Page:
Written by: Sanjay Leela Bhansali & Prakash Kapadia, based on the novel by Saratchandra Chatterjee
Directed by: Sanjay Leela Bhansali
Starring: Shahrukh Khan, Aishwarya Rai, Madhuri Dixit, Jackie Shroff, Kiron Kher
- Behind the scenes featurette
- Footage from the world premiere at Cannes
- Footage from the Indian premiere
- Promos and showreel
- “Forthcoming Attractions of Bollywood”
- Best Scenes of Khan, Rai and Dixit
- Booklet regarding the film
Released by: Eros
My Advice: Rent it.
As always, when it comes to Bollywood cinema, a warning to the uninitiated. Films of this type are long: this one clocks in at a sprawling three hours. Films of this type always involve singing, and yes–there are songs here. Good news is that the songs involved here are some of the best I’ve heard come out of India–and I would kill for a copy of the musical score on CD…the music is just that damn good. Films of this type always have a tendency to be big from an emotional perspective. Devdas takes the freaking cake as far as this last bit is concerned. It frankly out-operas opera.
Now, this is a huge tragedy. And one of the major weaknesses of the film is that it breaks out the Tragedy Stick and then proceeds to try to bludgeon you to death with it. By the final reel, you want to just hold up your arms and surrender: please, God, no more crying and lamenting and drinking and pain. You can have too much tragedy to where it overwhelms. This film does. Granted, if you consider the film to be operatic by Bollywood standards, then you might be able to handle it–but wow, man.
But then again, this film is big by all standards, Bollywood included. The costumes are positively mind-destroying, as stated above the music is incredible, and the dance numbers involved are large and engaging. From a production standpoint, this sucker is tops. On the acting side of things, it’s a mixed bag–though that’s not the fault of the actors assembled. Khan, playing the titular character, isn’t doing much here…but that’s because there’s only so much you can do when the part you have to play involves being charming, bawling and drinking. If you want to see him with a wider range, check out something like Asoka. Here, he fulfills his function and that’s about it.
Given much more to do are the two ladies in his life. Aishwarya Rai’s Paro is a severely conflicted character, dealing with pride and family going up against her own desires. Sure, she spends a lot of time looking lethally beautiful, but she plays her part very well. The standout, though, would be Madhuri Dixit’s Chandramukhi–a courtesan who would, under normal circumstances, never get the chance to get involved with someone like Devdas. But with his inevitable fall from grace, she wants to be the one to catch him. She is flirtatious, extremely alive and, most of all, obviously in love out to here with the poor manic sot. She gets the most mileage to work with in the story, and she excels.
Don’t let the bombast frighten you. It’s an incredible spectacle and it’s a good film as well. Like I said, if they had tuned down the drama knob about one notch it might have flowed a little smoother–but hey, once you’re driving a panel truck at a brick wall and can’t stop, you might as well floor it.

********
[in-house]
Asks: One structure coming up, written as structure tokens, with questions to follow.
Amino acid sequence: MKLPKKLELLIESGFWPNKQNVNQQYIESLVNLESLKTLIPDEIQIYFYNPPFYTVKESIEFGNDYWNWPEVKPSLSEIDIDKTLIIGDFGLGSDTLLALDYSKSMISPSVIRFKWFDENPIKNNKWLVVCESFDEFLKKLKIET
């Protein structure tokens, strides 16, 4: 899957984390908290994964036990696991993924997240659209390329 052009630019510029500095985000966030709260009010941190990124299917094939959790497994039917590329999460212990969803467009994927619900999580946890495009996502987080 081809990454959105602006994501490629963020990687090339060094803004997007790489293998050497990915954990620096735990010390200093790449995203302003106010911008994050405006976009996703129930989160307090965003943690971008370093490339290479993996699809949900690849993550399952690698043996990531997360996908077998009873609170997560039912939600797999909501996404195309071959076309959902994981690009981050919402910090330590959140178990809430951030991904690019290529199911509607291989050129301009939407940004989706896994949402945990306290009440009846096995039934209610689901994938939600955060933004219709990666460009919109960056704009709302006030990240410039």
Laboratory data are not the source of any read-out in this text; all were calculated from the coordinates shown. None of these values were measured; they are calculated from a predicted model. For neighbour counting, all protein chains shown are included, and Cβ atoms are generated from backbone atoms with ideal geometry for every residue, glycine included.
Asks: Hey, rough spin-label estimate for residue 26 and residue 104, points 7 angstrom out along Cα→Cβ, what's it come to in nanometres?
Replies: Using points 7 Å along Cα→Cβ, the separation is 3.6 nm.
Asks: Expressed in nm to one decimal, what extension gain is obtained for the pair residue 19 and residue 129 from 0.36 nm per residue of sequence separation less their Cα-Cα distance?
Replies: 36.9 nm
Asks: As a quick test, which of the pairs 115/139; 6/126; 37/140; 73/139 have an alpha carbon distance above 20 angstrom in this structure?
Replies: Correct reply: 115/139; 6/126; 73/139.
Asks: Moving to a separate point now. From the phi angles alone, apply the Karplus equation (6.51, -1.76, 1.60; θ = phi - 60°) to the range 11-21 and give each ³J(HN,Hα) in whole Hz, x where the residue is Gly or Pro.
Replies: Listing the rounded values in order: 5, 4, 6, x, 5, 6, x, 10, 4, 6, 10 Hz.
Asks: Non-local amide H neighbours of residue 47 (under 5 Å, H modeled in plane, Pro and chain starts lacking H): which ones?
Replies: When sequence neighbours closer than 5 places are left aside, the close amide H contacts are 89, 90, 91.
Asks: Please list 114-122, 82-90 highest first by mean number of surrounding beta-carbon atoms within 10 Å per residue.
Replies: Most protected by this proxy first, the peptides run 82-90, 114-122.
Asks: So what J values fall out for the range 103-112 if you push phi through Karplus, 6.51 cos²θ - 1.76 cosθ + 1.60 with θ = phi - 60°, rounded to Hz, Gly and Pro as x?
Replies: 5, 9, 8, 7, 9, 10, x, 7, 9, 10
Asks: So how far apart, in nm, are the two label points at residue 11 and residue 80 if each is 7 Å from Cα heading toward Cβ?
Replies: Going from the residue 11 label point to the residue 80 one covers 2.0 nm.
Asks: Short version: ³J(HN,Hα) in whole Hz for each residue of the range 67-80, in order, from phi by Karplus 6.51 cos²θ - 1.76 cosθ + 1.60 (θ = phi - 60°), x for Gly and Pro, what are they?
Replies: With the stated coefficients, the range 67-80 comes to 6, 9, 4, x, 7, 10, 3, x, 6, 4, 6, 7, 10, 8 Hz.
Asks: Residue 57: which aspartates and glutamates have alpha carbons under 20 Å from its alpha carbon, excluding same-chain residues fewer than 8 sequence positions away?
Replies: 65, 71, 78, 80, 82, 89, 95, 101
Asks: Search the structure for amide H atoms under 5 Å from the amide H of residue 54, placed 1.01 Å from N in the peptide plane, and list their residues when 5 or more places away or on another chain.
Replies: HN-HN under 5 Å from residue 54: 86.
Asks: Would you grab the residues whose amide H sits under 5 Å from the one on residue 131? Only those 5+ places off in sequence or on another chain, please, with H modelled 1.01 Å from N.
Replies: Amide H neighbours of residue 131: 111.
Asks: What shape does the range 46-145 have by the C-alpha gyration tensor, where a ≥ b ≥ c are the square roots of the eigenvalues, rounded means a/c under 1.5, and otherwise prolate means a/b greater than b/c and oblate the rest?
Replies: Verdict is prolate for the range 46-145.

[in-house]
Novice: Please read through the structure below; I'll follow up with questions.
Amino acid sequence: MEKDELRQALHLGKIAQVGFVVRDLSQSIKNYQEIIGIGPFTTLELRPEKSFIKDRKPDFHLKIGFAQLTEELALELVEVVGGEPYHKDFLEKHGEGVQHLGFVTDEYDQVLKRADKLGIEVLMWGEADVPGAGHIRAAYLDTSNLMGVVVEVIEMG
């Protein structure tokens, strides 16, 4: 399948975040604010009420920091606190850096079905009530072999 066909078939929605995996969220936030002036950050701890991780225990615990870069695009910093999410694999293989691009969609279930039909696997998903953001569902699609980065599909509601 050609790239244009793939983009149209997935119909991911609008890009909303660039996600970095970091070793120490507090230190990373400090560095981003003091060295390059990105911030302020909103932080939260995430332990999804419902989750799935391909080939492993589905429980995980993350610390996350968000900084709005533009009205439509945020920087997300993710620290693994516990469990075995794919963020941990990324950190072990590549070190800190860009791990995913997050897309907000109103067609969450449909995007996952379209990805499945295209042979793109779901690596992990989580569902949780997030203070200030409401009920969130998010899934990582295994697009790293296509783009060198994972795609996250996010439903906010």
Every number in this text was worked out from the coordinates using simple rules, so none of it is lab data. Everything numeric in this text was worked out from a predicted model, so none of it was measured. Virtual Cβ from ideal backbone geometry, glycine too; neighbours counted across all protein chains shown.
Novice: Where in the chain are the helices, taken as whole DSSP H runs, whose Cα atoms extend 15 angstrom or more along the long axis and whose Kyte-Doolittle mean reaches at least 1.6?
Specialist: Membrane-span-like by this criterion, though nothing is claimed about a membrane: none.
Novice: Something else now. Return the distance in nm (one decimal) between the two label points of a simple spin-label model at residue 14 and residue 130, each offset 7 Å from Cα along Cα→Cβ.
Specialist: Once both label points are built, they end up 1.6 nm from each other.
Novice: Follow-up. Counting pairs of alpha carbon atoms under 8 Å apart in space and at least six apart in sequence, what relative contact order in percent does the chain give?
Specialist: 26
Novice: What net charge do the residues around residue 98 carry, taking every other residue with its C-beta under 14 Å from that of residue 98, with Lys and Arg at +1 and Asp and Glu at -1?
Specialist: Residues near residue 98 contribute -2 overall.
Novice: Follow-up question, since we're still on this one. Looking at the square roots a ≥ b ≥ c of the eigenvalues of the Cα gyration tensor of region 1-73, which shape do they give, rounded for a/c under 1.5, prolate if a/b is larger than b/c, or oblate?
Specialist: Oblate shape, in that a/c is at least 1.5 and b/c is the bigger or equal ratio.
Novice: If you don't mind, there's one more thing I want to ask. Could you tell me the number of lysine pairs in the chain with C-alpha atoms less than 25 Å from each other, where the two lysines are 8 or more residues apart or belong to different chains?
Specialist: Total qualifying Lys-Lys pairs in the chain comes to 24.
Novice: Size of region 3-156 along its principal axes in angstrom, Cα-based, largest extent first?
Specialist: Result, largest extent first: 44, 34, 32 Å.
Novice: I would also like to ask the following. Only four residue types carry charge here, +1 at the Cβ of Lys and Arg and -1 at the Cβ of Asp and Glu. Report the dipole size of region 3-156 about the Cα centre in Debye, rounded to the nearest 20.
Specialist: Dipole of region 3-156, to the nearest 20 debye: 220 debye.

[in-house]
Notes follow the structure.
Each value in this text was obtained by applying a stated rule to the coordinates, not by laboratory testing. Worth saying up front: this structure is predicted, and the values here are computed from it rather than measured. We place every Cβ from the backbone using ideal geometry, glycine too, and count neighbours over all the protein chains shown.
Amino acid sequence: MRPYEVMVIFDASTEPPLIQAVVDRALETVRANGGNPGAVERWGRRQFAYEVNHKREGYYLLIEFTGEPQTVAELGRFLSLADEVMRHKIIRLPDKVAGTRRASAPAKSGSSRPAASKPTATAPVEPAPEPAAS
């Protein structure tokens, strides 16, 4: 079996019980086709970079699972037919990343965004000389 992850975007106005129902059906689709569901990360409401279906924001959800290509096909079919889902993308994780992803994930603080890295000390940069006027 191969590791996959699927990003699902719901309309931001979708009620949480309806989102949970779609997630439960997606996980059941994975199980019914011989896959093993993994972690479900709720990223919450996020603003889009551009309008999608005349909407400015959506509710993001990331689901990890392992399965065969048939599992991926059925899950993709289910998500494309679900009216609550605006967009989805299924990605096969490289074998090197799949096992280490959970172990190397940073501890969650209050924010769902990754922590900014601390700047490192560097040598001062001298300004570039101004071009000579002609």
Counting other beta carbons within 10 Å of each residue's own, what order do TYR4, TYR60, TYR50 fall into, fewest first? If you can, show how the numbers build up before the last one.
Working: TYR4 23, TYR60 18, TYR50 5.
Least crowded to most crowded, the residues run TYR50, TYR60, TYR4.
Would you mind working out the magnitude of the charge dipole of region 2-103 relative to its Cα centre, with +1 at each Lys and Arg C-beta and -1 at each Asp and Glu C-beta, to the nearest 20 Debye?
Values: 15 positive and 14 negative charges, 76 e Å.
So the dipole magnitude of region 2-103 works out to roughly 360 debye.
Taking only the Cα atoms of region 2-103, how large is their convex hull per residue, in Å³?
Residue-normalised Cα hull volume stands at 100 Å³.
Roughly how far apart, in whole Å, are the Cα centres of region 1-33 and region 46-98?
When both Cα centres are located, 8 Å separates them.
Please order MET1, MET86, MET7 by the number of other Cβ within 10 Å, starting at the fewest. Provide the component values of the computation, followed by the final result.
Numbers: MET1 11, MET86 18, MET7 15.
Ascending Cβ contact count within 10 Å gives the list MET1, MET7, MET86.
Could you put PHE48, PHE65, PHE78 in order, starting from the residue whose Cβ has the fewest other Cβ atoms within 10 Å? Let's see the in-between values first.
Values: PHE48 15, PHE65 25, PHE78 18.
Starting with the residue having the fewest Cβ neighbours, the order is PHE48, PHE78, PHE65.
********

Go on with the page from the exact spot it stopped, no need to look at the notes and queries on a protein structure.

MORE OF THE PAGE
The film alone would be worth checking out on DVD–and this is actually a good thing. I won’t spend a great deal of time talking about the second disc of this set from Eros International. I will say, however, that the packaging (which normally I could give a damn about) is actually pretty smooth. You get the standard two-disc plastic snap case, housed inside a larger sturdier case designed to look like a book. It just oozes smoothness.
The reason I don’t want to harp on the second disc is because, he said flashing his non-Indian badge, I get the feeling it wasn’t designed with audiences like myself in mind. And also because there’s just not a lot to talk about. The premiere footage is just a bunch of people talking about what a great movie it is and how different from everything else, and then people from the cast of Devdas saying the same thing–except throwing in bits about how honored and happy they were to be a part of it. This is nothing new–“smoke up the skirts” featurettes are par for the course, but this footage felt like it went on for days.
The behind the scenes featurette is, again, a Bollywood version of the same old thing we see here in the States: lots of footage from the film (which, if you’ve watched the umpteen trailers and promos, you’ve seen plenty) cut in with talking with the talent involved. Part of the problem with this is that some of the people they’re talking to (Khan among them), will slip into Hindi (I assume it’s Hindi) without warning…and there’s no subtitles. So, Hindi-ignorant me, I had no idea what in the world they were talking about. Same thing with the “Best of” section–which basically has numerous scenes from other films that the three leads have starred in. None of them have subtitles either–so while some of them look quite amusing and interesting…no clue what’s being said. That’s annoying.
Still, like I said, I can’t be too hard on the extra features (especially the ones not in English), because this set simply wasn’t designed with me in mind. Thus the “average” rating for the DVD. However, don’t be frightened off–like I said up top, this movie has to be seen to be believed, and is worth at least renting to catch the spectacle.